Late night TV, then and now

  • By Frazier Moore Associated Press
  • Thursday, April 10, 2014 2:30pm
  • LifeGo-See-Do

NEW YORK — The future is Stephen Colbert.

The Comedy Central talk-show star was named Thursday to replace David Letterman when he steps down from CBS’ “Late Show” next year.

But what about the past and the present? Let’s try for a little historical perspective by comparing the late night landscape that greets Colbert’s announcement against the world in which “Late Show” was born:

Then: Dave arrived in the 11:35 p.m. slot on Aug. 30, 1993, with a startup venture for CBS going up against NBC’s venerable “Tonight Show,” where Jay Leno had already reigned for 15 months. Broadcast TV had only four other players in late night comedy-talk: Letterman’s old haunt, “Late Night,” where Conan O’Brien would soon preside, followed by “Later With Bob Costas,” plus the syndicated “Arsenio Hall Show.” Also, debuting a week later, “The Chevy Chase Show” aired for just a month on Fox.

Now: There are at least 11 such shows on broadcast or cable, with roughly 18 percent of them hosted by a man named Jimmy.

Then: Although three-fourths of TV homes had VCRs, almost no one knew how to program them, or had even gotten around to setting the clock. And digital video recorders hadn’t been invented yet.

Now: Roughly half of TV homes (whether with or without VCRs) are equipped with DVRs, which further undermines the meaning of “late night”: Most of these shows are taped around dusk, then plugged into a late night slot where they’re available for a viewer to retrieve and watch whenever the mood strikes.

Then: The term “Internet” would have registered barely a blip of recognition for most viewers, and, if by chance they had home Internet service, it only gave them crawling text through a dial-up connection. Web? Social media? YouTube? Streaming video? App? Whazzat?!

Now: Tweeting, second-screen interaction and viral video clips are necessary supplements to shore up the eroding audience a talk show can command solely on the TV platform.

Then: Speaking of which, the shiny new “Late Show” was scoring about 5.2 million viewers nightly, while “Tonight” averaged 4 million.

Now: Since Jimmy Fallon replaced Leno in February, NBC’s “Tonight” has averaged about 5.2 million viewers (a huge initial boost from Leno’s final-year average of 3.5 million), while Letterman and ABC’s Jimmy Kimmel have each averaged about 2.7 million.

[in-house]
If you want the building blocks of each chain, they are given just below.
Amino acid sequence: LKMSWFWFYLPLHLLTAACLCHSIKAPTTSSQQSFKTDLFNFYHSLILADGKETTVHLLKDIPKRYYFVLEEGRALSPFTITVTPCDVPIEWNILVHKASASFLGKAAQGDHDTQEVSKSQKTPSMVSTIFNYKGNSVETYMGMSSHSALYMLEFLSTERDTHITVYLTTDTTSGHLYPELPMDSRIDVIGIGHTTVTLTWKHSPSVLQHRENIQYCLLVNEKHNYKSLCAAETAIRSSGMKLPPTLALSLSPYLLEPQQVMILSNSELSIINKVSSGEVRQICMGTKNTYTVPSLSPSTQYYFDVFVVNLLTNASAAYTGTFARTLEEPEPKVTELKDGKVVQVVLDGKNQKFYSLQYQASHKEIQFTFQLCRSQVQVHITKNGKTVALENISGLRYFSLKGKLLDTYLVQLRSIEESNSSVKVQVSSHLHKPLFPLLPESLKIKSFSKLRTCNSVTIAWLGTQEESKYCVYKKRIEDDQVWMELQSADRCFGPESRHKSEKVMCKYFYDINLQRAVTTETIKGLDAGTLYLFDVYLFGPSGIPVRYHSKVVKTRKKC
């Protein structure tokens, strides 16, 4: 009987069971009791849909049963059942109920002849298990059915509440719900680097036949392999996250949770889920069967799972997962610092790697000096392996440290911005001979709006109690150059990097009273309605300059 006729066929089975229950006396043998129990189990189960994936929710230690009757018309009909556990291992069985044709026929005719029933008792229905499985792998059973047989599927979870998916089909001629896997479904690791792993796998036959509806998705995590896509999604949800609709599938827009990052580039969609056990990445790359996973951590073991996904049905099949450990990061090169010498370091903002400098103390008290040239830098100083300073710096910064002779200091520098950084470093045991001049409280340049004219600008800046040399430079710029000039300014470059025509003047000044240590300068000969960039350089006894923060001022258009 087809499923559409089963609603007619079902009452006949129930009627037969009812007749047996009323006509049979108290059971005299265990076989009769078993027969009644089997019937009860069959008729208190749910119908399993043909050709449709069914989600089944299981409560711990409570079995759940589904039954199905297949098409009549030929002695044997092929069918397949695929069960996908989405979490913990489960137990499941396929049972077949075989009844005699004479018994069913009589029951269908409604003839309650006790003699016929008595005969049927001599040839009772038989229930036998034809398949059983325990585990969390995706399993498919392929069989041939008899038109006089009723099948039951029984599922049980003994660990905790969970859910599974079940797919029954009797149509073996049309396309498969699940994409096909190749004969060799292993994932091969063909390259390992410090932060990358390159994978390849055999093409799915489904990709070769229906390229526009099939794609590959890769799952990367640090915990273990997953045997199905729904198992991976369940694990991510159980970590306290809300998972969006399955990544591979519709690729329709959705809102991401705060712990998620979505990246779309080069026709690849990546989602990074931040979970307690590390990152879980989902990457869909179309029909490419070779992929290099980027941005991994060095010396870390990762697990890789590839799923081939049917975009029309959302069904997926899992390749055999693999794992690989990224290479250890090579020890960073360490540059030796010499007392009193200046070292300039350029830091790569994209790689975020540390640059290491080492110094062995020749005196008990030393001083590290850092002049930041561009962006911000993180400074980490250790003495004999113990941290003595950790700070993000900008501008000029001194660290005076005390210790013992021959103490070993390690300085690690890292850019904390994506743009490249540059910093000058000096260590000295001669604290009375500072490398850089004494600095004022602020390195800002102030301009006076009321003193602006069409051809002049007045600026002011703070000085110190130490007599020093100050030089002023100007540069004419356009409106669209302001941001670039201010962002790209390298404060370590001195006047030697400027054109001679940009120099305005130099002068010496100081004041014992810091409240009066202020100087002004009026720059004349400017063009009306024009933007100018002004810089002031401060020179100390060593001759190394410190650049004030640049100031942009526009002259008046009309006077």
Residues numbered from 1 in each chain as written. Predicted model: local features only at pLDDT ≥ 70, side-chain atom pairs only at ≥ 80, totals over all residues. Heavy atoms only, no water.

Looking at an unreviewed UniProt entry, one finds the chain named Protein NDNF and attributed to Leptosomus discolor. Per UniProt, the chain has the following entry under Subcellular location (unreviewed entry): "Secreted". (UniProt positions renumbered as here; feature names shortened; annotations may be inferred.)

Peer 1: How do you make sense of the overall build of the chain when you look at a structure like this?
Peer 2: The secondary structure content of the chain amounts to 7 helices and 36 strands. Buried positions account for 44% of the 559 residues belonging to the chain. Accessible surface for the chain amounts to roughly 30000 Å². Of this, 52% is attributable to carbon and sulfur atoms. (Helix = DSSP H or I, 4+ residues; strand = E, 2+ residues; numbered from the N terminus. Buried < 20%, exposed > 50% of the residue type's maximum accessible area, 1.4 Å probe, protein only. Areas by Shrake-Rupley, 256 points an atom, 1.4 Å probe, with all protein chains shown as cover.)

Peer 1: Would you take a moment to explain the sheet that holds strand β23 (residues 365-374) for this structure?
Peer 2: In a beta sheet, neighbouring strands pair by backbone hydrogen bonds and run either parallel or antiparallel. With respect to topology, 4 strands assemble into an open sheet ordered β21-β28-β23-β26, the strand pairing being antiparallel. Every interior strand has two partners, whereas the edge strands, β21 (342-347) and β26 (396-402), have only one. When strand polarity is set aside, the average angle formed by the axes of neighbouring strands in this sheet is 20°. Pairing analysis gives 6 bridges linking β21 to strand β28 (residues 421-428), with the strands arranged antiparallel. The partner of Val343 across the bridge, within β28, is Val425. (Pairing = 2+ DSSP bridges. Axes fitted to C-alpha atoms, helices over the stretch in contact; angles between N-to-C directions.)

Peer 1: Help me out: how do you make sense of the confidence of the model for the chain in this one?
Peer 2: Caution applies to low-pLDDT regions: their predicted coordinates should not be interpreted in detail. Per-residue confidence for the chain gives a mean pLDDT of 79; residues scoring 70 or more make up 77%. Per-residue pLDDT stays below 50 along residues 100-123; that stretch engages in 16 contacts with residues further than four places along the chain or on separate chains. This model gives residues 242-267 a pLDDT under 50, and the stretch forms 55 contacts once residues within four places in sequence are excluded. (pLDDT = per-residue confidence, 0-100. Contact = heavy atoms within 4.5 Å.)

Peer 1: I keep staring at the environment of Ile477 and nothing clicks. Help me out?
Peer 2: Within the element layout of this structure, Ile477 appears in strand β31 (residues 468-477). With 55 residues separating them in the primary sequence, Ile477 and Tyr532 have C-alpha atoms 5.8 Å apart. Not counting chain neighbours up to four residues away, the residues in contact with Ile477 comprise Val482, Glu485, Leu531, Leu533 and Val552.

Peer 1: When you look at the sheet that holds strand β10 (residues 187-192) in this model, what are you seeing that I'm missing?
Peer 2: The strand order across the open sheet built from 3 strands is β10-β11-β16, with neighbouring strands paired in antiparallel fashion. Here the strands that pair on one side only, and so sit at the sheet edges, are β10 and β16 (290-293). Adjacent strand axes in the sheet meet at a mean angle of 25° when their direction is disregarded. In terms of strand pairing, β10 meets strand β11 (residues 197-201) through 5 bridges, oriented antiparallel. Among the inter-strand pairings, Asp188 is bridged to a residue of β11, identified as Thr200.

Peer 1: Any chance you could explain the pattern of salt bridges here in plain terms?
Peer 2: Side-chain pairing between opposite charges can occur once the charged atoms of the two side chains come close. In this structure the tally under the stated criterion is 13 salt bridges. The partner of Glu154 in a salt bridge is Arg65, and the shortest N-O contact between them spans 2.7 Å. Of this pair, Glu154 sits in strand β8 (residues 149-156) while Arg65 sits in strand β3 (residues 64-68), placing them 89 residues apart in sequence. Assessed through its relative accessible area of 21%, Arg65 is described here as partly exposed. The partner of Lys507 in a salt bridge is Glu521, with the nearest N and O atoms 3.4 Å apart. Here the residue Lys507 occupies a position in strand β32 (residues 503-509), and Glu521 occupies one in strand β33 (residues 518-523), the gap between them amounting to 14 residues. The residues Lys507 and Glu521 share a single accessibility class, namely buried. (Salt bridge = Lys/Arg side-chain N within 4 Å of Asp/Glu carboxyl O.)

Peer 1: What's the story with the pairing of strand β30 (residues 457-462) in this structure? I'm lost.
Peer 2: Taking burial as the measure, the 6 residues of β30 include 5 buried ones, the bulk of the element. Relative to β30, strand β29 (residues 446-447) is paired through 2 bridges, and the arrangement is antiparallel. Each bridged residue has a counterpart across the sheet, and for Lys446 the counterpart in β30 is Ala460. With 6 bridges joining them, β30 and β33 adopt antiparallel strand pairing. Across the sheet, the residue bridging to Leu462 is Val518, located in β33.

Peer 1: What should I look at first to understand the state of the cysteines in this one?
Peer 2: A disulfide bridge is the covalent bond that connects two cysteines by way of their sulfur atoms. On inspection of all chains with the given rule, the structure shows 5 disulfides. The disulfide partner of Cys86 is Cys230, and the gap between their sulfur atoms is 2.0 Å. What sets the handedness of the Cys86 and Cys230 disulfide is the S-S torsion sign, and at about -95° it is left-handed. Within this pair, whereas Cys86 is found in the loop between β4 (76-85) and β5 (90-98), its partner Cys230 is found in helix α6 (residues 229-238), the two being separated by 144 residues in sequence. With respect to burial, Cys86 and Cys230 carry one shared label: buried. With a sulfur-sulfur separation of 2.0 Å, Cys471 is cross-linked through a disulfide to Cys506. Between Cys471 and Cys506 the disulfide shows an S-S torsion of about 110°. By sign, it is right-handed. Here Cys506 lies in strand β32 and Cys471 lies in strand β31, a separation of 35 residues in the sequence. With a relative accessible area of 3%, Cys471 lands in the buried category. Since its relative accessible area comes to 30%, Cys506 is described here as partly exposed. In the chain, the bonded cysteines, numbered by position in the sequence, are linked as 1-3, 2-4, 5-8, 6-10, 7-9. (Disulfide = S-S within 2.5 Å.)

Then: Among that handful of hosts, only one was a black man.

Now: Only one — that same guy, Arsenio Hall — is black.

Then: No women were hosting.

Now: One woman is a host — Chelsea Handler.

Then: For months, media reporters just couldn’t stop churning out coverage of the Late Night War.

Now: With news of Stephen going in for Dave, we’re just getting started on another siege of stories.

More in Life

Beer of the Week: Scuttlebutt’s Night Circus

The Everett brewery’s head brewer had nightmares trying to dial in its new coffee and coconut ale.

Viognier: French white grape gaining foothold in Washington

Viognier, the noble white grape of the northern Rhône Valley of France,… Continue reading

Curries continues home-cooked Indian cuisine at new location

The restaurant, now located on Evergreen Way, also puts an Indian spin on Northwest cooking.

New documentary chronicles Obama’s last year in White House

“The Final Year” doesn’t paint the administration in rosy colors, but it isn’t too critical either.

‘Forever My Girl’ takes a page from the Nicholas Sparks genre

The film based on a novel by Heidi McLaughlin is a well-worn tale of lost love and redemption.

Christian Bale seems to channel Clint Eastwood in ‘Hostiles’

Bale plays a U.S. cavalry captain who escorts a dying Cheyenne chief to his tribal homeland.

International guitar tour led by Lulo Reinhardt stops in Edmonds

International Guitar Night, now in its 18th year, is Jan. 24 at the Edmonds Center for the Arts.

The latest on Snohomish County’s breweries, wineries and distilleries.

recreated one of those old recipes, brewing Tennant’s 1954 Gold Label Barleywine

New Cascadia Art Museum exhibit showcases mid-century designs

The exhibition includes ceramics, furniture, clothing, sculpture and jewelry from 1948 to 1966.

Most Read